13 annoying website design mistakes

Business success had always relied on happy and satisfied customers. They spend more money, buy more often and are more likely to recommend a business. That’s why companies do plenty of things to ensure their customers they care and think about them.  

But apparently, some of those companies didn’t really think about their customers when working on a website design. They are trying to make a great first impression with their brand new website but unwittingly cause a good deal of annoyance because they forgot the site should be useful first and then flashy, not the other way round.

Poor user experience caused by bad website design can lead to plenty of problems, including high page abandonment rate, low lead generation, poor sales and low search listing positions. So why some pages still look like taken straight from the 90’s?  

To give you a sense of what you should avoid when you think about your website design or how can you improve your existing site User Experience, here are 13 common website design mistakes that make a customer leave your page seconds after they landed on it.

Common website design mistakes:

There are many things on your webpage

In the earlier days of the internet,  the more things you had on your website, the better. Videos, animation, complicated fonts and lots of images were all the rage. Several years later, some sites still look like stuck in the 90’s, and that’s not a good thing.

According to Sweor, it takes only about 50 milliseconds (0.5 second) for a website user to make an opinion about the website they are visiting – and cluttered sites do not make a good first impression.

Cluttered website design not only looks terrible but it’s also pretty hard to use and take a long time to load. People don’t have time to wait until your page loads if they can’t find what they want quickly, they will click on the X button and never return.

Avoid using several pictures, complicated fonts, capslock or very bright colours on your page – it should look clean, straightforward and professional.

Autoplaying Media

A typical website user has several internet pages opened at once. What happens when there’s a blaring ad or video autoplay on one of those pages? The user first gets surprised and then annoyed by having to find that one page with the video and close – even worse if the autoloading video slows down the browser and you can’t quickly turn it off.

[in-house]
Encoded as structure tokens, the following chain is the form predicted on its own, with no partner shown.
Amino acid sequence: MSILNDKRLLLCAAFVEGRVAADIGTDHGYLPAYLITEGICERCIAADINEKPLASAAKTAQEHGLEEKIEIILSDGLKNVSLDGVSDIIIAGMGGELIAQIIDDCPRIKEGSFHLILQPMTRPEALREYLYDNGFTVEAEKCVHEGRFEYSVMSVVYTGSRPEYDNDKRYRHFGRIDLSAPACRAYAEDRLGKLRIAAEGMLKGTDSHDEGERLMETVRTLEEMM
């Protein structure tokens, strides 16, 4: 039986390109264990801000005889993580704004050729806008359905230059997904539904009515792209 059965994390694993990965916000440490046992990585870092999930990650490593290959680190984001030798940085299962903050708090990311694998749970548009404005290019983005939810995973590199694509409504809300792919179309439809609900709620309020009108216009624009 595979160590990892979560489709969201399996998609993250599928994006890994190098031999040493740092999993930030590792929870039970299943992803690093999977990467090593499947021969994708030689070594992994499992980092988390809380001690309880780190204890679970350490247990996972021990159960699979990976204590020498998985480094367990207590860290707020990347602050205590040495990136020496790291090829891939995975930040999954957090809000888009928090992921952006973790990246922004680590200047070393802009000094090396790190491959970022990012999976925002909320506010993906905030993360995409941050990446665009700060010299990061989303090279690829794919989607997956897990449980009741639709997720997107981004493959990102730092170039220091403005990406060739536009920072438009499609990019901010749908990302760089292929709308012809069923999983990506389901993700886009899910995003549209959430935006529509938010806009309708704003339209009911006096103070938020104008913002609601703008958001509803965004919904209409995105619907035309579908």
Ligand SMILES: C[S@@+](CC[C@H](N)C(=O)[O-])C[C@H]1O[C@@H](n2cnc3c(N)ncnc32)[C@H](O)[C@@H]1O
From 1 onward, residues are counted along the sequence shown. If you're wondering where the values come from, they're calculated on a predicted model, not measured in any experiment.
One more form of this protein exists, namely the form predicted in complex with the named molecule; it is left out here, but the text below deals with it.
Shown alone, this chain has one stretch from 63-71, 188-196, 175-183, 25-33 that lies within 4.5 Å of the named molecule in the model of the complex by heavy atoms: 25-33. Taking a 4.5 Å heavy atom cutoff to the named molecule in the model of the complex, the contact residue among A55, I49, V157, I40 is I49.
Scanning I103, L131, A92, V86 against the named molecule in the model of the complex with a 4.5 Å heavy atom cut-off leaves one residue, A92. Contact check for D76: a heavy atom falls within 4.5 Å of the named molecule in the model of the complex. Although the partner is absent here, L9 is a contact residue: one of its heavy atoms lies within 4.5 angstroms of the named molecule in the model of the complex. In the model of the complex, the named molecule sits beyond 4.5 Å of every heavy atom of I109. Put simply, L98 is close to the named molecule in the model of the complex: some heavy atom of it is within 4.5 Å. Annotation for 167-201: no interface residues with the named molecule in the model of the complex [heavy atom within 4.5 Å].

82% of consumers have closed a browser or exited a webpage because of an auto-playing video in the background.

You do get the users attention but not in a way you wanted – you want people to watch the video, not just close the entire page right? So don’t force them into watching your new product video. Make the video playback optional and make sure the other video player control buttons beside play (volume down, volume up, pause buttons) are clearly visible.  

Slow loading time

The flashier your website, the longer it takes to load. And the longer it takes to load, the longer the users have to wait. How many customers you think will wait to see all of your high-quality photo, videos and animations? Not much.

According to a KISSmetrics report, 47% of consumers expect a web page to load in two seconds or less, and 40% abandon a website that takes more than three seconds to load.  Slow loading time is especially frustrating for mobile users, who are relying on a much slower cellular internet connection.

The biggest culprit of websites slow load time is often the number of animations and images – so delete them when they are not necessary and resize the rest. Take a look at your website plugins too if you are using those – too many of them can significantly slow down your site.

Poor website navigation

The day still has 24 hours, but customers are in a much bigger hurry than they were years ago. Which means, they don’t have time to search through your whole website just to find contact data or shipping prices, they want to get what they need quickly. Your website navigation can either help them find their way around the website or get them confused.